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News from Parliament: Conservative Peers
Sentence Courts Reform to Scrutiny
Courts Bill (Second Reading)
8th December 2002
Kindly provided by the Opposition Whip's
Office in the House of Lords:
When the Lord Chancellor, Lord Irvine of Lairg, will represent the Government for the Second reading of the Courts Bill this afternoon in the House of Lords, Conservative Peers will be voicing concern over clauses in the Bill which will give his office new and extensive powers. Opposition Spokesman for Home Affairs Baroness Anelay of St. Johns, while recognising the need for reform of the court system in the cause of efficiency, warns that such reforms may lead to more centralisation not less.
The four main points she will raise in this Reading are as
Centralisation - Courts Agency
Baroness Anelay comments that "I find it intriguing that a government which waxes lyrical about the importance of devolving government to the Regions introduces a bill which centralises power so comprehensively in the hands of the Lord Chancellor." There is also no sign of the localised 'management boards' proposed in the July 2002 White Paper Justice for All. Baroness Anelay further states "Instead we have Court Administration Councils whose only power is that they will make recommendations to the Lord Chancellor who then 'must give due consideration to these recommendations' but has the power to do as he chooses and reject them." Baroness Seccombe (Deputy Chief Whip, and a magistrate of 30 year's standing) comments that, far from providing genuine local management and accountability of local justice, the proposed Court Administration Councils appear to be merely consultative bodies with no real power.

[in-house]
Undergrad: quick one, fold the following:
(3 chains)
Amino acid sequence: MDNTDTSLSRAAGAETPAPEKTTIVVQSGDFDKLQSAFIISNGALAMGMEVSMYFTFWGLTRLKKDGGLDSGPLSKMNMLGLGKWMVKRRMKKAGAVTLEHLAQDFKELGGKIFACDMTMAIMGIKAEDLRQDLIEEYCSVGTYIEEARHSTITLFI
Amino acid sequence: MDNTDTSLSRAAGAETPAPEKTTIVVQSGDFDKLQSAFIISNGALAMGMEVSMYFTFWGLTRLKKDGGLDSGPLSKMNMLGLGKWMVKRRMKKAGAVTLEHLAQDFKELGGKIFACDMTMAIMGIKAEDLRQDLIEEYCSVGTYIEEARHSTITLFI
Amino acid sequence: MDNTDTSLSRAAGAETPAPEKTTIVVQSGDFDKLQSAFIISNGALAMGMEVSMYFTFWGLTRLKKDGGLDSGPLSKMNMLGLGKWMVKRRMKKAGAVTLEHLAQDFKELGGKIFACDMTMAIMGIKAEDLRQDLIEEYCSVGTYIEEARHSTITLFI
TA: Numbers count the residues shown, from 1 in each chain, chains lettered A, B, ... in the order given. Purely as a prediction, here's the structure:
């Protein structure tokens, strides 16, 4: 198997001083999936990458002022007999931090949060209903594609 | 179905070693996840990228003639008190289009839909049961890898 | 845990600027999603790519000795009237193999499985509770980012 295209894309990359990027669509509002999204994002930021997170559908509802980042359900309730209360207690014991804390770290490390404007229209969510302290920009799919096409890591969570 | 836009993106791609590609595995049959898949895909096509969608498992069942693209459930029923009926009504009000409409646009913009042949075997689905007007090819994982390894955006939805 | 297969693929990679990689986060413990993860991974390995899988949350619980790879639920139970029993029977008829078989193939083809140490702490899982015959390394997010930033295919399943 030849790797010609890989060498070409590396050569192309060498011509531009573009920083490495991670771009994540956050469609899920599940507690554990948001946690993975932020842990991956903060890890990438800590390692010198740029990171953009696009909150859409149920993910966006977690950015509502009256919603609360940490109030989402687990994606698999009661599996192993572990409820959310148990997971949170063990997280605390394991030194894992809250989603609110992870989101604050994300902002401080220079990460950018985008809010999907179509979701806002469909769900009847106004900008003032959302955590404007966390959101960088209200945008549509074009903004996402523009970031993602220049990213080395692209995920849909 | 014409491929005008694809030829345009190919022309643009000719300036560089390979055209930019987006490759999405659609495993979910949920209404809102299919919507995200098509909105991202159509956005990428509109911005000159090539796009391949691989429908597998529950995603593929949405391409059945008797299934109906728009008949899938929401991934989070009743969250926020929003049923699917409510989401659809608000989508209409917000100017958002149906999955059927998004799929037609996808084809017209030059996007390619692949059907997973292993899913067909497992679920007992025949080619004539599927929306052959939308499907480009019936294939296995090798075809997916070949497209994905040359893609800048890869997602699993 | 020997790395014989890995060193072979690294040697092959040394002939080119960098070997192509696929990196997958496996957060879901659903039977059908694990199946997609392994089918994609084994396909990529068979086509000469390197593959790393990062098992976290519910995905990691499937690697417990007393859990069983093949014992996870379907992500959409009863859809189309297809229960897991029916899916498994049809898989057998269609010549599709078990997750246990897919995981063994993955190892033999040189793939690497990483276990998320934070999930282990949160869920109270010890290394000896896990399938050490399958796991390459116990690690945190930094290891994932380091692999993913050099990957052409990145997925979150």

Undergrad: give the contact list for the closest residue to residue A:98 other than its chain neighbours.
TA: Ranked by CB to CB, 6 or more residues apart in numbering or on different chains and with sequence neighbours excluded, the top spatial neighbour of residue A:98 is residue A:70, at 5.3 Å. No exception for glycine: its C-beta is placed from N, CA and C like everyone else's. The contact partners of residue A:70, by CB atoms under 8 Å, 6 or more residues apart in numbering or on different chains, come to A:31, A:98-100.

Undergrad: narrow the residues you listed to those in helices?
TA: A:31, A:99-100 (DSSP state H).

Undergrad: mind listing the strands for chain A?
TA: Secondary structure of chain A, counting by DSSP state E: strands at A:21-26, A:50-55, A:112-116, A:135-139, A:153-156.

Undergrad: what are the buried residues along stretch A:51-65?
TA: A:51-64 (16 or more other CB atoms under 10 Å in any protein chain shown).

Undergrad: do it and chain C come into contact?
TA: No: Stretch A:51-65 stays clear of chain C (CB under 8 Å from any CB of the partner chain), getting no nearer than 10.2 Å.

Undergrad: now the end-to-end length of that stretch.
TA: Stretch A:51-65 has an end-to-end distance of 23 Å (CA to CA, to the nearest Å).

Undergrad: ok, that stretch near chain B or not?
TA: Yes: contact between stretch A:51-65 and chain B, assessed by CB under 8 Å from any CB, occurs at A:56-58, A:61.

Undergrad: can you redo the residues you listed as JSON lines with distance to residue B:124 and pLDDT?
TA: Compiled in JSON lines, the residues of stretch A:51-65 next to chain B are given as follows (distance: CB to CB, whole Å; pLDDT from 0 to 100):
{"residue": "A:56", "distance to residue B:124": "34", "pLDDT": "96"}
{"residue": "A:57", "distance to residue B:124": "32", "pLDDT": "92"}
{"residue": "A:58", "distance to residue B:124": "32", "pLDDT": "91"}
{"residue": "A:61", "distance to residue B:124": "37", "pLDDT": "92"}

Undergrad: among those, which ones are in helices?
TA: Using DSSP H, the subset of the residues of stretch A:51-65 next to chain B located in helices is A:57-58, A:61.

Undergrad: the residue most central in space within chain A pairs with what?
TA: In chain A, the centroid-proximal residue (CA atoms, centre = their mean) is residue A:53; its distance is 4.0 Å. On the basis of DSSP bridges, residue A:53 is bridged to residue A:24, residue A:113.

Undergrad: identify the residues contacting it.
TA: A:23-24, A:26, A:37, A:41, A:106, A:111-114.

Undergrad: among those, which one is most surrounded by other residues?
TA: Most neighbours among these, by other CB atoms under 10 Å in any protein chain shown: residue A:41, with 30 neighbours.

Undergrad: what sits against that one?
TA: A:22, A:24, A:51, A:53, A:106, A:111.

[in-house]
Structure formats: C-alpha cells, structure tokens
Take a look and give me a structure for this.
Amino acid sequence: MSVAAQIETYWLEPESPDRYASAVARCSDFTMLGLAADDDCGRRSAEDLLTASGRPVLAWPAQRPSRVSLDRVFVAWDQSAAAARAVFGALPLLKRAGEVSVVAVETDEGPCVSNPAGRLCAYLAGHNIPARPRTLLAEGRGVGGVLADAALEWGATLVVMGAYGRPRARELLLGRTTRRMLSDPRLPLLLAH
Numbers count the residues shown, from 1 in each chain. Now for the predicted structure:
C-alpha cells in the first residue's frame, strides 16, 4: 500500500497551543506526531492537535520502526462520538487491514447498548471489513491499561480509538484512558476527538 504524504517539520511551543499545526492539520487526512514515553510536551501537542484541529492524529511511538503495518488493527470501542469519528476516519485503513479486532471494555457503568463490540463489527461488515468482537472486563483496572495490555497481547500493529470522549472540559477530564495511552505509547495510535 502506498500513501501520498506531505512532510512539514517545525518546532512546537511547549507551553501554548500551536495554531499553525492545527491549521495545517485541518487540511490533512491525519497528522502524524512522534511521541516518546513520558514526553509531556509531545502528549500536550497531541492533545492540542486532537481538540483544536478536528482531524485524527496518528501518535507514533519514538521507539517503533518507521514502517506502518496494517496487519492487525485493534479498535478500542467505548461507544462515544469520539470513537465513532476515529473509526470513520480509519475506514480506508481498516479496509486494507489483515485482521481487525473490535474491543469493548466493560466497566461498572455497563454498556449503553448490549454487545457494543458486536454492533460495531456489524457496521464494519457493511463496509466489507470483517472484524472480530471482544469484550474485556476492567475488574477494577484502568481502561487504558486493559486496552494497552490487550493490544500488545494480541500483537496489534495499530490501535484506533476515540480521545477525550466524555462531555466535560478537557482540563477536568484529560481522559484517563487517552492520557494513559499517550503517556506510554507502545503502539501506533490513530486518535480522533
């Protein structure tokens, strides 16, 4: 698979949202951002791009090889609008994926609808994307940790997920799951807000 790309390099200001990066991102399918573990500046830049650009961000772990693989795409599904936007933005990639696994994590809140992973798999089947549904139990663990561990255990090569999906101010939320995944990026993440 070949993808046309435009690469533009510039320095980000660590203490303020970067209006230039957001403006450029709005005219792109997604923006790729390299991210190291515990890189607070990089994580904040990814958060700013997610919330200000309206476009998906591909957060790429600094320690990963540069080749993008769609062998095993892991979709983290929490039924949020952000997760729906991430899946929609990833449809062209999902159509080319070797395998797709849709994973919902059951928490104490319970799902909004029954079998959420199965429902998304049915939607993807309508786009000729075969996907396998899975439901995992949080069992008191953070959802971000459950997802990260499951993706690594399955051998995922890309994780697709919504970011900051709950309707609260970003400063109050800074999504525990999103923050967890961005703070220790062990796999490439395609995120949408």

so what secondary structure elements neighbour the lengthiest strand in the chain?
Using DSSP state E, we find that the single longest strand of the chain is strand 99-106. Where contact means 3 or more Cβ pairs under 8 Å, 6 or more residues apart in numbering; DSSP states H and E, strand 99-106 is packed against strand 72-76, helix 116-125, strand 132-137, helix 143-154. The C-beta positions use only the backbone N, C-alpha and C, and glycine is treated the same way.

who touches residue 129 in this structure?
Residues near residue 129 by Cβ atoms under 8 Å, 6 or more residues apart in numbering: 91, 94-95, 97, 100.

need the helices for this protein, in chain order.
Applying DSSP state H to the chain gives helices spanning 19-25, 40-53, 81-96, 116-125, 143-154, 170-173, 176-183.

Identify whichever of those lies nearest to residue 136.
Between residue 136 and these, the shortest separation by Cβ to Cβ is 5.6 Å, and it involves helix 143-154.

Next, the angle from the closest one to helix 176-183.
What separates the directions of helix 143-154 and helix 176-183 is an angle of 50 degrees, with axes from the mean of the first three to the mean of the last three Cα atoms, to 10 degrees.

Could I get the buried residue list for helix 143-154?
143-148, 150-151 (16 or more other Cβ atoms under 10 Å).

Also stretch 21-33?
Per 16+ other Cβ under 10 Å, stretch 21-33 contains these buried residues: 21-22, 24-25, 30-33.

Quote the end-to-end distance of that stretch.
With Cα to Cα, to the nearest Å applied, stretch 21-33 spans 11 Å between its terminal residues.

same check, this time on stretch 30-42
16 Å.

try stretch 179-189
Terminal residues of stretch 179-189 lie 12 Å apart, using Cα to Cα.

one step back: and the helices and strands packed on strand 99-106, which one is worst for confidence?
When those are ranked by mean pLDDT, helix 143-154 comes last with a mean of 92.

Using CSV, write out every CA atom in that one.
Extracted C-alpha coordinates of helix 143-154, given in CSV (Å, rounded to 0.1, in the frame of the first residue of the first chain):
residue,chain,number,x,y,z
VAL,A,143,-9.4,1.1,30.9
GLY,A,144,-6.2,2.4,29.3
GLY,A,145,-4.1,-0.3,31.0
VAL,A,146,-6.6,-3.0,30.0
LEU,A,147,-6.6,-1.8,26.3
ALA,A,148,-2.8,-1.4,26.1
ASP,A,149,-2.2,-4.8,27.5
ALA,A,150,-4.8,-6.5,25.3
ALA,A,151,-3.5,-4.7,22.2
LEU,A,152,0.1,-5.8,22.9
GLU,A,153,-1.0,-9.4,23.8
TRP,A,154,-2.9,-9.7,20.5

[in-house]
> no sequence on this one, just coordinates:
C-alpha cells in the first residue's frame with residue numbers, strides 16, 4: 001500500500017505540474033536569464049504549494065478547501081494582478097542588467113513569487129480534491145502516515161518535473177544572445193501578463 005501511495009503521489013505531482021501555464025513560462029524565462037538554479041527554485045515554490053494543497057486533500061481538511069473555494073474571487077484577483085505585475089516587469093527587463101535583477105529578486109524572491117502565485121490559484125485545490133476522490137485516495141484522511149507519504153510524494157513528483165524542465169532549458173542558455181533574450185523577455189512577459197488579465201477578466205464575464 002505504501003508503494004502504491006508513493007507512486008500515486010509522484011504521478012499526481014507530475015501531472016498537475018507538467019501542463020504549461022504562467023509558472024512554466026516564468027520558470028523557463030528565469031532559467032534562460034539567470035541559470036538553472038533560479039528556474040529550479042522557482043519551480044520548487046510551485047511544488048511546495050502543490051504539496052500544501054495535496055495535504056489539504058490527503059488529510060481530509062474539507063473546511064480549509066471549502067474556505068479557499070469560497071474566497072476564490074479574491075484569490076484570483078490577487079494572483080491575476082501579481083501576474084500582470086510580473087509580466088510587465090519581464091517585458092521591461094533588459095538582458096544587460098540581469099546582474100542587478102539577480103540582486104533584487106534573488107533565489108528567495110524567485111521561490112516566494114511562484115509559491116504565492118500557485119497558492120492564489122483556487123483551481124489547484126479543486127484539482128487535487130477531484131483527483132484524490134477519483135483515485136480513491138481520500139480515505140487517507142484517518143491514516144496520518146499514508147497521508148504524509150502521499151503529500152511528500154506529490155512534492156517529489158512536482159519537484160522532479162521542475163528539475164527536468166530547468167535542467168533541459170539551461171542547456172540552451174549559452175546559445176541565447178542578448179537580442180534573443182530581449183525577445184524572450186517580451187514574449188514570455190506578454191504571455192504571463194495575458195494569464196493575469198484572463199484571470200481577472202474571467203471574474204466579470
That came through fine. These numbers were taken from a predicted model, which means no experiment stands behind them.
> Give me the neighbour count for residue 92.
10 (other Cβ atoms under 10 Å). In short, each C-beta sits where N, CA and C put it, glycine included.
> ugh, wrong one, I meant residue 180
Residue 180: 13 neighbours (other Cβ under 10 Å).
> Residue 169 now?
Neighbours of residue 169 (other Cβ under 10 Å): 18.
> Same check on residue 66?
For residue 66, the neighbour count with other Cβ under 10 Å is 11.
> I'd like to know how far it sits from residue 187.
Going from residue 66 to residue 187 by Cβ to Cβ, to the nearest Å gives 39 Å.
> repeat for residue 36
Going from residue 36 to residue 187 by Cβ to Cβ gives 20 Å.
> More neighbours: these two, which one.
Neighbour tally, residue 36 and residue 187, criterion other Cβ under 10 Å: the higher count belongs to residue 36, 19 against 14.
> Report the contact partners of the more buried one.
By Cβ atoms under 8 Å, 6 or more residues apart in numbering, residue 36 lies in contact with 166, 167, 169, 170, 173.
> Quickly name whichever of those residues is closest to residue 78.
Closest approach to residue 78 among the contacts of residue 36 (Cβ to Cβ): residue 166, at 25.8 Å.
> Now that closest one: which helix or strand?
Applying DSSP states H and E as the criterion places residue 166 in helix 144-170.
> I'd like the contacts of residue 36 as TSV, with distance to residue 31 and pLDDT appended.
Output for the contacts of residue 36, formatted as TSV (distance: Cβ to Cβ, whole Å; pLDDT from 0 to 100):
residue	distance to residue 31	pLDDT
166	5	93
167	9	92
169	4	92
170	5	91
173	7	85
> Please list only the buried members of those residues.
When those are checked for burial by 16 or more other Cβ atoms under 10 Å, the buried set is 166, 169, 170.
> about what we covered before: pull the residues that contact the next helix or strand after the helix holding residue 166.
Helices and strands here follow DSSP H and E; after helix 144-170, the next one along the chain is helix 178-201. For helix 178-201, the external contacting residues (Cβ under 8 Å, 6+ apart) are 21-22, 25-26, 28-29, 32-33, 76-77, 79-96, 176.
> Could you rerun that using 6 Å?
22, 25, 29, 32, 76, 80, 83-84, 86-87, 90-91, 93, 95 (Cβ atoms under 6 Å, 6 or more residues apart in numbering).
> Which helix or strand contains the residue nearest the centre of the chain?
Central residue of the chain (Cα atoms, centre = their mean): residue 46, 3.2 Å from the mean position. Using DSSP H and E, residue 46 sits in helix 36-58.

Transfer of Judicial Functions to Officials
Other key issues of concern which will be highlighted include proposed transfers of judicial functions to officials. The bill appears to extend to the Lord Chancellor the authority to transfer functions currently carried out by magistrates to Justices' Clerks, the magistrates' legal advisers. Baroness Anelay notes, "Can the Minister confirm that the Bill establishes only the status quo with regard to the dividing line between the functions of the magistrate and the Justice Clerk and that no further transfers of function will take place?"
The Bill also proposes the creation of new 'Fines Officers', appointed by the Lord Chancellor, to be responsible for collecting unpaid fines, costs and compensation orders. Statistics reveal that in the last year 40% of fines were left unpaid, and a total of £148 million was written off. While Baroness Anelay agrees with the Lord Chancellor that public confidence in the fine system must be maintained, she comments, "There are huge differences between areas, with only one in three people find in Merseyside paying up compared to nine out of ten in Dorset. Will the results of these changes mean that offenders in Merseyside will be bought up to the level of Dorset? I hope so!" Moreover, though welcoming fair and effective measures to ensure payment of fines, Baroness Anelay warns, "I am concerned that the Fines Officers will be performing a judicial function when they increase
unpaid fines by up to 50% without reference to a court".
On the proposal that a Fines Officer should be able to clamp a car registered as belonging to a non-payer of fines, Baroness Seccombe states, "This seems like an arduous and time consuming task. The officer would have to find the offender's car, make sure it is not co-owned with an innocent party, and presumably value it if it does have to be sold to pay the fine".
Henry VIII Clauses
The Government will face challenges over Part 9 of the Bill, giving the Lord Chancellor wider powers to make further changes in the law by order. Baroness Anelay describes these as objectionable, catch-all powers. Commenting, she said, "I was concerned about these matters when I tabled an amendment to the Nationality, Immigration and Asylum Act, and when I tabled amendments last week to the Crime [International Co-operation] Bill, and I am concerned about them now."
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